Is this the most eccentric Beetle ever?

We’re not sure precisely what’s gone on here, but there’s no doubt this totally oddball ’70s creation is one of the weirdest Volkswagen’s we’ve seen. Here’s what we know about it…

As you can see, what probably started off as an entirely stock early ‘60s Bug has been given a classic 1930s makeover courtesy of a stretched front end with heavily reworked sweeping front wings which provide a resting place for a spare wheel on both sides.


The totally ornamental grille is made up of carefully bent Beetle side trim while the headlamps appear to have been borrowed from a 1950s Chevy, flipped upside down for effect. And while the indicators, towel rail bumpers and oval wing grilles are all a tad more familiar with us Beetle fanatics, the totally flat bonnet and strange Atlas mascot with its illuminated glass globe suddenly whisks us back into the myterious and unknown.

grille 2upbonnet mascot 2up

The rear end is just as puzzling. Resembling a dog’s dinner to an extent, if you look at the rear quarter panels it looks like the body has been shifted rearwards on its chassis. The rear screen has adopted a more upright angle and the rear lights now form part of a sweeping section of bodywork that extends from the rear side windows. The original pope’s nose bootlid seems to have been rather crudely cut off square at the bottom to fit.


Inside, the ’30s period theme continues with a burr walnut effect on the dash and door frames, while the seats are covered in equally decadent-looking leopard print covers. You’d expect to see a flickering valve radio in the centre of the facia, but there looks to be a completely out of period modern stereo in there instead. Also, we couldn’t help noticing that one door card is beige and the other one black, although being slightly generous here, we’d suggest this was done to further add curiosity…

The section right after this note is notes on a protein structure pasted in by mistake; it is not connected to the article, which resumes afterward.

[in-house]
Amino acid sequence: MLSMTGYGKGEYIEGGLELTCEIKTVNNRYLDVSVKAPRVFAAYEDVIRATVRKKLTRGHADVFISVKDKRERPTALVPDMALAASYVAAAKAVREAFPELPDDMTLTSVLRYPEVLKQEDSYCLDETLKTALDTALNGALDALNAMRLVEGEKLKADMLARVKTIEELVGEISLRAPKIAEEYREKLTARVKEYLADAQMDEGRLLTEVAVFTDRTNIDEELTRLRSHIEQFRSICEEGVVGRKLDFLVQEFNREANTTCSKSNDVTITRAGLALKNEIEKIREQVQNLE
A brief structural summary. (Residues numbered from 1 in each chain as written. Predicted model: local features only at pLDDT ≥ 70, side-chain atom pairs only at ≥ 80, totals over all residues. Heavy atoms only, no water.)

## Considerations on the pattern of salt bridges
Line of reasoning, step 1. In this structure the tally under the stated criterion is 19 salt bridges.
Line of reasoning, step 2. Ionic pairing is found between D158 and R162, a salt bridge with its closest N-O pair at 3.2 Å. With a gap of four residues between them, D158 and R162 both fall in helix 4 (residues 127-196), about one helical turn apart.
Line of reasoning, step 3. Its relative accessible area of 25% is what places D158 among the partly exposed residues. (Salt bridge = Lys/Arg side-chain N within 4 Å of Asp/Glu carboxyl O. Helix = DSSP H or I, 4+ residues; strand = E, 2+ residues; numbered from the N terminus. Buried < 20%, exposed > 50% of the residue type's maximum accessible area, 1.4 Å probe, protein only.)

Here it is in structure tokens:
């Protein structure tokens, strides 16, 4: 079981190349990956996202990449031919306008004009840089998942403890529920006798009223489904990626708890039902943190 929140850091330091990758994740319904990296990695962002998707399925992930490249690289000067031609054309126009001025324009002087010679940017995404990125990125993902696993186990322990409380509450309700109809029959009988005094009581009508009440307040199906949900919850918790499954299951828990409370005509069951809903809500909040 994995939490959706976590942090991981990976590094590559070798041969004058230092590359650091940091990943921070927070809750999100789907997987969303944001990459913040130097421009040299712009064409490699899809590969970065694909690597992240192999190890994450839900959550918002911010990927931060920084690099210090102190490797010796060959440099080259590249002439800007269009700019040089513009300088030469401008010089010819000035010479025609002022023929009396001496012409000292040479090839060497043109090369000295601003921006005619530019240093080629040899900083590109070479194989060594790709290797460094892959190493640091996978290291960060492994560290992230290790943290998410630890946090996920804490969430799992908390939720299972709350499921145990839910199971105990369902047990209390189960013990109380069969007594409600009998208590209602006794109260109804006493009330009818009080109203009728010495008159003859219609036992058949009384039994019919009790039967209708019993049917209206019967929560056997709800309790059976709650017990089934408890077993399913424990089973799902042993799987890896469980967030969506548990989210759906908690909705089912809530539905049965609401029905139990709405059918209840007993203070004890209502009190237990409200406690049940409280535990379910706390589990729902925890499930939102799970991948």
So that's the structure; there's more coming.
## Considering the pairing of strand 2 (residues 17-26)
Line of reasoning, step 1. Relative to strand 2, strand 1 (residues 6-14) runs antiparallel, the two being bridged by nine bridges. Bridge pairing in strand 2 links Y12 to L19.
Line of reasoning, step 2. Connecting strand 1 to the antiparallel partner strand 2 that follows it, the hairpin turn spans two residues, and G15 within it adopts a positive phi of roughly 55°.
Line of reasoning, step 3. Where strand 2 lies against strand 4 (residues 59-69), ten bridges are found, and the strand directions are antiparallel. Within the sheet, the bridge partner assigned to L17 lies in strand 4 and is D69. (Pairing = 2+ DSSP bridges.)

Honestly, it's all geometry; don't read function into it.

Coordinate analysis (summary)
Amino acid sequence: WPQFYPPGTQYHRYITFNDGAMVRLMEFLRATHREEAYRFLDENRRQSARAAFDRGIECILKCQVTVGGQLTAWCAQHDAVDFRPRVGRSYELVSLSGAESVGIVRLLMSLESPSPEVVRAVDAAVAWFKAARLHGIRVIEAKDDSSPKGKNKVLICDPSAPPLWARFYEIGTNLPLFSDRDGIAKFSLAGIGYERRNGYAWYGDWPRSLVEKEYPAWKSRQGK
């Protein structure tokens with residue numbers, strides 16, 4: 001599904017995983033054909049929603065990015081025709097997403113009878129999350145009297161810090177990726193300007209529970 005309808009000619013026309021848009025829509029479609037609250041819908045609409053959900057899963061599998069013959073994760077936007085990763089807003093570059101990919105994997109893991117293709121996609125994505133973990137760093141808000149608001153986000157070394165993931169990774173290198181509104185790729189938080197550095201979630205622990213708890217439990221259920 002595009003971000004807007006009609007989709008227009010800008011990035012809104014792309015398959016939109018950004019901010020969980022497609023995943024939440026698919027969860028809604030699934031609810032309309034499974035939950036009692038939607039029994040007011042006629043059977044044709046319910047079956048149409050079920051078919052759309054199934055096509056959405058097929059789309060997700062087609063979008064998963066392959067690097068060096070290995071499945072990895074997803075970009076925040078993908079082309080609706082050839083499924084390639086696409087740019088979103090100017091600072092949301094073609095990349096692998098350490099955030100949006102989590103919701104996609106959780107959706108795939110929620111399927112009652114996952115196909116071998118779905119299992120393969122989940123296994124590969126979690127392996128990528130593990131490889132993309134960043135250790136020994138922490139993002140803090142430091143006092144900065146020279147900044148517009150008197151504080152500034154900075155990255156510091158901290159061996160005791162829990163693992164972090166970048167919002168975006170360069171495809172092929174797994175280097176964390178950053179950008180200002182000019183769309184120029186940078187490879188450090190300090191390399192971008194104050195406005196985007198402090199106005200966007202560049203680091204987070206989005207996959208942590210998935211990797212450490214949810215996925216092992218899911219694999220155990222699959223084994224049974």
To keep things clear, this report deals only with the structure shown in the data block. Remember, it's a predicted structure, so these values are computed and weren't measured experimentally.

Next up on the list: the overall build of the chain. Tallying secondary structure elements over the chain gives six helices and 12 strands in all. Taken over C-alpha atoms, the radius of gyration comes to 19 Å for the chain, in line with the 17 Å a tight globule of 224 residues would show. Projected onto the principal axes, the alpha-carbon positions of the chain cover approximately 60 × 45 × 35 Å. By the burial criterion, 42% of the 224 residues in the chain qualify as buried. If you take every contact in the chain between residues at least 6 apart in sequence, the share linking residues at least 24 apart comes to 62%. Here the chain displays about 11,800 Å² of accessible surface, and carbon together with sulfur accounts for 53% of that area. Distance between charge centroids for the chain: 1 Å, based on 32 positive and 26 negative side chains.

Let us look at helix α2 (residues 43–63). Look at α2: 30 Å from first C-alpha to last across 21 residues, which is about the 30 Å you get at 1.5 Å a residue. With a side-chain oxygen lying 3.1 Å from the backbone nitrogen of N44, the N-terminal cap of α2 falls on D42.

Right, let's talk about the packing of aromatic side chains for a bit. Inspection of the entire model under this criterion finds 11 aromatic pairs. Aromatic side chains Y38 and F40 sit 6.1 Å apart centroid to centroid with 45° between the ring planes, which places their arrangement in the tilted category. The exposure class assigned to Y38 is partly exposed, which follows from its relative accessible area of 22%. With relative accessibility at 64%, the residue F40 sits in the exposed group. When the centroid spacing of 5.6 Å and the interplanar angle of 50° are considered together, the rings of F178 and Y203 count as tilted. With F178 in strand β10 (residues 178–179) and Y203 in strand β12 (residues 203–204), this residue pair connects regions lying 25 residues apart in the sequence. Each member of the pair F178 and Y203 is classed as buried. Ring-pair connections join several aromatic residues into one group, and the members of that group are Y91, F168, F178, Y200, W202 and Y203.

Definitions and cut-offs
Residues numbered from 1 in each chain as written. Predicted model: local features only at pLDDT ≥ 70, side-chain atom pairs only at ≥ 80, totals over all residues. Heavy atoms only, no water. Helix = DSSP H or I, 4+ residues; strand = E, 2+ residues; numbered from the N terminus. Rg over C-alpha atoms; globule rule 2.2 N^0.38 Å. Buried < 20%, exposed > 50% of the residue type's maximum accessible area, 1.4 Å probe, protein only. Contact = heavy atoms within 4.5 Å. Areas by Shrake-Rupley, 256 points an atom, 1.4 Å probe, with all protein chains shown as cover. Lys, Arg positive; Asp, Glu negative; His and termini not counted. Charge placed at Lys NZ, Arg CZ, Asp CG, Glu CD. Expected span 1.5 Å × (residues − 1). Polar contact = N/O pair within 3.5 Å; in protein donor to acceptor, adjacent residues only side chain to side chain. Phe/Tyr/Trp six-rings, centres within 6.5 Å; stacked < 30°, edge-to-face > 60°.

door 2upinterior 2up

The madcap creation, which was recently sold by, was built by an eccentric individual in Seattle back in the 1970s. In the mid-‘80s it came to Northern California where it was used regularly before being put up for sale.

front two up verticalrear two up vertical

Before pouring scorn or reaching for the sick bag, bear in mind that when this creation came about, Beetles were two-a-penny in the US and owners were keen to do all they could to make their cars stand out. And like it or loathe it, it sure is different…


The opinions expressed here are the personal opinions of the author and do not necessarily represent the views and opinions of VW Heritage.



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